Grand Island is a city of 50,000 today, roughly half that in 1963, located on the Platte River and Route 80, about 90 miles west of the state capital of Lincoln. The museum collection is primarily composed of 3D artifacts relating to Nebraska’s pioneering days. Also on the 207-acre site is Railroad Town, a pioneer village set in the late 19th century, a recreation similar to Williamsburg, Virginia.
You see the building from a great distance, centered on a round island within a round lake, approached by a long boulevard that circumnavigates the lake. You drive half way around before reaching the pedestrian causeway that stretches across the moat to the main entrance. When leaving you drive around the other half of the lake, thereby experiencing the perfect symmetry of the square building from all sides. It is monumental and resplendent with Stone’s signature style inside and out. The two story, square building is wrapped in a portico of slender square columns supporting a massive waffle slab, flat roof with a deep overhang, and a pyramidal skylight rising at the center. Windows are narrow vertical ribbons from plinth to roof with spandrels at the second floor. The building was designed to be poured-in-place concrete wrapped in large marble slabs, but budget constraints precipitated the value-engineered solution of CMU structure covered with a textured off-white, plaster-like matrix with marble chips called Granulux - a wonder product of the era.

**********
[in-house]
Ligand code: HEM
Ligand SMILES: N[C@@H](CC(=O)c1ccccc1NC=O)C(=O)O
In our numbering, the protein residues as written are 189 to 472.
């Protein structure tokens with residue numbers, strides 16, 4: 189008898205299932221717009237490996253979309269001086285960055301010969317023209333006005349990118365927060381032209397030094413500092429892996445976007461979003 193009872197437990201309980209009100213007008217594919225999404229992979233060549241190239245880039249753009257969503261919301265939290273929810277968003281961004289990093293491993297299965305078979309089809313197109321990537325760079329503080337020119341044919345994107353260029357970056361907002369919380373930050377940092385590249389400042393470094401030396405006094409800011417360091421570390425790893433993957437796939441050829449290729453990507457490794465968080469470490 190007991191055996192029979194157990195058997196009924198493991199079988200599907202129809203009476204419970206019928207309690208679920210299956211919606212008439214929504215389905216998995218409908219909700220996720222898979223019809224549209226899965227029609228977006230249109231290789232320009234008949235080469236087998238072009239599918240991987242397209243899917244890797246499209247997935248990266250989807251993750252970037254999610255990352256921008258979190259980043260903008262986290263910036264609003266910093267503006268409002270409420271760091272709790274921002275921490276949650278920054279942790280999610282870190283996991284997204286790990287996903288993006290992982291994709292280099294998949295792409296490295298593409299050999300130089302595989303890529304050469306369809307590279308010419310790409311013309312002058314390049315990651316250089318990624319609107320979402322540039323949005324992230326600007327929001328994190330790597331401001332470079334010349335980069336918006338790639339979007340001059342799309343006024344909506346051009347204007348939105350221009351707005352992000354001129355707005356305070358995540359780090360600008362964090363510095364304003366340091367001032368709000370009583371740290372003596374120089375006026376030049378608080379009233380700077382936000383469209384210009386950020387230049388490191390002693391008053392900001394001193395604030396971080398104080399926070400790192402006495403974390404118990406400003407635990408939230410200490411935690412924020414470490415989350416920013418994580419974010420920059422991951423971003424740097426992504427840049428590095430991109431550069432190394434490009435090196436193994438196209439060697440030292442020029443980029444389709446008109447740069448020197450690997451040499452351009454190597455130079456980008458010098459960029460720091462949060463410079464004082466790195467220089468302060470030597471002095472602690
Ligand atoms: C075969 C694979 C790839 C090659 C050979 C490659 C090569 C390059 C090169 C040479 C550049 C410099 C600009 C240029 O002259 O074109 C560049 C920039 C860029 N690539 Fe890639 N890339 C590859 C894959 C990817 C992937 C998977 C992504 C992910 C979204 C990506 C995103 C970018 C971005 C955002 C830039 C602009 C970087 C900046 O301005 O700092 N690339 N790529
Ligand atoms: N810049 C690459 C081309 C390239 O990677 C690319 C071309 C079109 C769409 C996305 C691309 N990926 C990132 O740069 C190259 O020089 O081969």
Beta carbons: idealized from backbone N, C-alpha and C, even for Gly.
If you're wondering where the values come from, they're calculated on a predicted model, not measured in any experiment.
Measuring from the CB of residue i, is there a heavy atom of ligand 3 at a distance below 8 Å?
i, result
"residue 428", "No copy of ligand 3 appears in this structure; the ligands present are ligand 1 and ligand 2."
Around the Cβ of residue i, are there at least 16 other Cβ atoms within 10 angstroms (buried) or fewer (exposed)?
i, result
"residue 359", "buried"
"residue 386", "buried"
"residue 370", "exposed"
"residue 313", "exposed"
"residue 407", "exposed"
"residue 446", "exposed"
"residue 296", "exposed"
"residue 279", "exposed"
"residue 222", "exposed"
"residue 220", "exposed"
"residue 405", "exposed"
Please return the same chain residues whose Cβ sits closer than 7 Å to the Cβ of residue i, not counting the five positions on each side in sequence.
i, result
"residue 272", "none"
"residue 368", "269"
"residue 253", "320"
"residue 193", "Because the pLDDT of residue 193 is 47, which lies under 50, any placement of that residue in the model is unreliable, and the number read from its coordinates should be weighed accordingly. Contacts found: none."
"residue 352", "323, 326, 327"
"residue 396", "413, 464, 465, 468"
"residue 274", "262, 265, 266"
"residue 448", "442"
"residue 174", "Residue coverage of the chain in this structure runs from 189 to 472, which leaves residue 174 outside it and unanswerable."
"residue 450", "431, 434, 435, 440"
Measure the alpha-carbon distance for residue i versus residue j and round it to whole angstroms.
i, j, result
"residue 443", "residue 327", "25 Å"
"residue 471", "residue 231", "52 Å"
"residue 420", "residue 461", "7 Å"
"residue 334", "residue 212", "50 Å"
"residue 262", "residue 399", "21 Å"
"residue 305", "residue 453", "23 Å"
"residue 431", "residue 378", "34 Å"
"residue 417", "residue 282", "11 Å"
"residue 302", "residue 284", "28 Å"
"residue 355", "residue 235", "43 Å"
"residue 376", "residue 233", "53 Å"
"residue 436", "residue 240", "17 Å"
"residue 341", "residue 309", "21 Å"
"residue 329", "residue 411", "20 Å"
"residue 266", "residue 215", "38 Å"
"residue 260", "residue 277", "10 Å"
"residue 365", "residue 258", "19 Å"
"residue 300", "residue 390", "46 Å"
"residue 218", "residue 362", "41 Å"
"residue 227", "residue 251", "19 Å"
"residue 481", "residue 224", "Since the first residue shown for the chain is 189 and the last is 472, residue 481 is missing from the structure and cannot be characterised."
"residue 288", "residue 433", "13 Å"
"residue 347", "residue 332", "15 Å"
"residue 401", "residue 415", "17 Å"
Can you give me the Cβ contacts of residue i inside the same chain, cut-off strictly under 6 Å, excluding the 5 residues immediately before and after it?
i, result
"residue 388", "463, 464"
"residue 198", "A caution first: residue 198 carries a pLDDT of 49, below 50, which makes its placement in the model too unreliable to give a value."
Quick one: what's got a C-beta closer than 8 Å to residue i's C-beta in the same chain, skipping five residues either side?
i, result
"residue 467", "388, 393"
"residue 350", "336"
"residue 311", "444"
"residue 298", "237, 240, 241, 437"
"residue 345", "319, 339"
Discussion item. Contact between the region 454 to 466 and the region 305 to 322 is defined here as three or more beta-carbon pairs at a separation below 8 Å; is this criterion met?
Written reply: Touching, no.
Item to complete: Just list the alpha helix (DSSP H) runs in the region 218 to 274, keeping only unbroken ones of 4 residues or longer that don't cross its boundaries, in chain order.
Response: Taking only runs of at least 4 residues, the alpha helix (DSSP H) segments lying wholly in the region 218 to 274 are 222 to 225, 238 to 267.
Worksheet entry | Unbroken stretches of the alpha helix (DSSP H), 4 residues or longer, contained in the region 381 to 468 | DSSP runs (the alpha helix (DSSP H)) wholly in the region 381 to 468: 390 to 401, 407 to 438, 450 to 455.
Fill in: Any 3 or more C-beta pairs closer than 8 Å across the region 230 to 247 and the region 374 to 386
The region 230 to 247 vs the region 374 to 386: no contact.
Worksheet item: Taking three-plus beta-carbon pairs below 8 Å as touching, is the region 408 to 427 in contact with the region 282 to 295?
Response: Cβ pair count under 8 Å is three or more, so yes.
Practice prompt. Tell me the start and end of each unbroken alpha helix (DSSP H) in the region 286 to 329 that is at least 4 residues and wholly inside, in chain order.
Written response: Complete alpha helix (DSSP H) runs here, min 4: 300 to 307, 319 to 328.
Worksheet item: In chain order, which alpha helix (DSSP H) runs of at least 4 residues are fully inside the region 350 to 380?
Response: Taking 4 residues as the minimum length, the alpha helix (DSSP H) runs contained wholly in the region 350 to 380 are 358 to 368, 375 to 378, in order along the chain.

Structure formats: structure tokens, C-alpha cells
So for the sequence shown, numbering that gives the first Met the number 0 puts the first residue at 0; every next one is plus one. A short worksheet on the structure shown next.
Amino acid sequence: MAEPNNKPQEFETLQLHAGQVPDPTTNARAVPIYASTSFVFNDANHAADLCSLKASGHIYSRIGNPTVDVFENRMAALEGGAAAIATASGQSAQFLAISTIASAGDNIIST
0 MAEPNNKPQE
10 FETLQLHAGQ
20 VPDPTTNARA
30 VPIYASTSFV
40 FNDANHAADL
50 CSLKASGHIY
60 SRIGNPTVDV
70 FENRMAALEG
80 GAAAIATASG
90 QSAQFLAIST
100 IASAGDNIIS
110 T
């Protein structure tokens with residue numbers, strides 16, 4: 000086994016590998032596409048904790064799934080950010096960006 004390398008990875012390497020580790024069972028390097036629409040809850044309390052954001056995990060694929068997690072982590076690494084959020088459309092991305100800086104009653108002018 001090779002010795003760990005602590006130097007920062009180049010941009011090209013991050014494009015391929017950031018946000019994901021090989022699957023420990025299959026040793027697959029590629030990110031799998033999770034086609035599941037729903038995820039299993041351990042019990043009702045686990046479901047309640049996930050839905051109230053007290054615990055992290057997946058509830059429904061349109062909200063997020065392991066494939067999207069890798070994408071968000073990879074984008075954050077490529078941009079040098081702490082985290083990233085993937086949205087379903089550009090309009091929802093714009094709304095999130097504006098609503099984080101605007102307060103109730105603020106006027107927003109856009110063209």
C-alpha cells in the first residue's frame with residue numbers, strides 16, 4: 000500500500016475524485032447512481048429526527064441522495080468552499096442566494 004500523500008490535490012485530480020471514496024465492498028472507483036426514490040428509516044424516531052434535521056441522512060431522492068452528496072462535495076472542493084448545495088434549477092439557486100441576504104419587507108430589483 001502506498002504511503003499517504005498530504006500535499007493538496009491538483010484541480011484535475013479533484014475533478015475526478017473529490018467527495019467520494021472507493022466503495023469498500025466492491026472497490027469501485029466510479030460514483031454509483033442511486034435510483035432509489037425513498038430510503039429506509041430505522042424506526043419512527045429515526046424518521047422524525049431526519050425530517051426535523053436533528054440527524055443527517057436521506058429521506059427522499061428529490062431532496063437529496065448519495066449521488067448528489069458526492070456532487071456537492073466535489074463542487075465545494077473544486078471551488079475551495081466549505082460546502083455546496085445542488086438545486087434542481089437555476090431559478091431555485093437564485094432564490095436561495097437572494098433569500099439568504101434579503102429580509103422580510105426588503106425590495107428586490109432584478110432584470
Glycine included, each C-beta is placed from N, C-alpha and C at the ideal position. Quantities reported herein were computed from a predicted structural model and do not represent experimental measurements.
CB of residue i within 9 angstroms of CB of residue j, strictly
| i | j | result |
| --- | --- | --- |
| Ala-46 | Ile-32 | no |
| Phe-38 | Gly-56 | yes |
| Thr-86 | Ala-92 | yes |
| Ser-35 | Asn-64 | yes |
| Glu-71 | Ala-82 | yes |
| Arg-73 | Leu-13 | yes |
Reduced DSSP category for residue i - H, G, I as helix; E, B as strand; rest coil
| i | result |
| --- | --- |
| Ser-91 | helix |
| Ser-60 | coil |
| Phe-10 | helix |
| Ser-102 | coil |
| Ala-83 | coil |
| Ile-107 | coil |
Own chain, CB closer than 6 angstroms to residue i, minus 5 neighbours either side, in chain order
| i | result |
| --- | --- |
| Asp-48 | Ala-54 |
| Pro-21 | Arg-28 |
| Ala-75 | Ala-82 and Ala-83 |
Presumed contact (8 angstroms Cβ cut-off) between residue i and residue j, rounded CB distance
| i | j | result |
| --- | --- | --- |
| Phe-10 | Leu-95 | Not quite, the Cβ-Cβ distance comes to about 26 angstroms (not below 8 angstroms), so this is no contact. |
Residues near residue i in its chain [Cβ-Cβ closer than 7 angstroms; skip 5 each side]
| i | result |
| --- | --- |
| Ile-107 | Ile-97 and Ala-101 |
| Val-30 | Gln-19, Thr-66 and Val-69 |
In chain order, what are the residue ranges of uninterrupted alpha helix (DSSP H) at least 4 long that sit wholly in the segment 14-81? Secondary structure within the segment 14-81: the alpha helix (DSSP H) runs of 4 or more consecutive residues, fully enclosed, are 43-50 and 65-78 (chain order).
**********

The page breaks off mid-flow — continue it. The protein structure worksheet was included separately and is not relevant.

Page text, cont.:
The monochrome exterior aesthetic was carried throughout the interior with white terrazzo on the main floor, interior structural columns finished with Granulux matching the exterior, and white carpet on several exhibit walls. The entry sequence takes the visitor through a wide hall with a low ceiling to the center of the building, then to the watergarden, where the space opens horizontally into the main floor gallery space, and vertically to the skylight, with streaming natural light upon the grand curving, floating double staircase, interwoven with four square pools of water with fountains and planters overhead. The second floor is dedicated to exhibits, while the periphery spaces on the main floor contain the gift shop, meeting rooms, restrooms, curatorial, and mechanical spaces.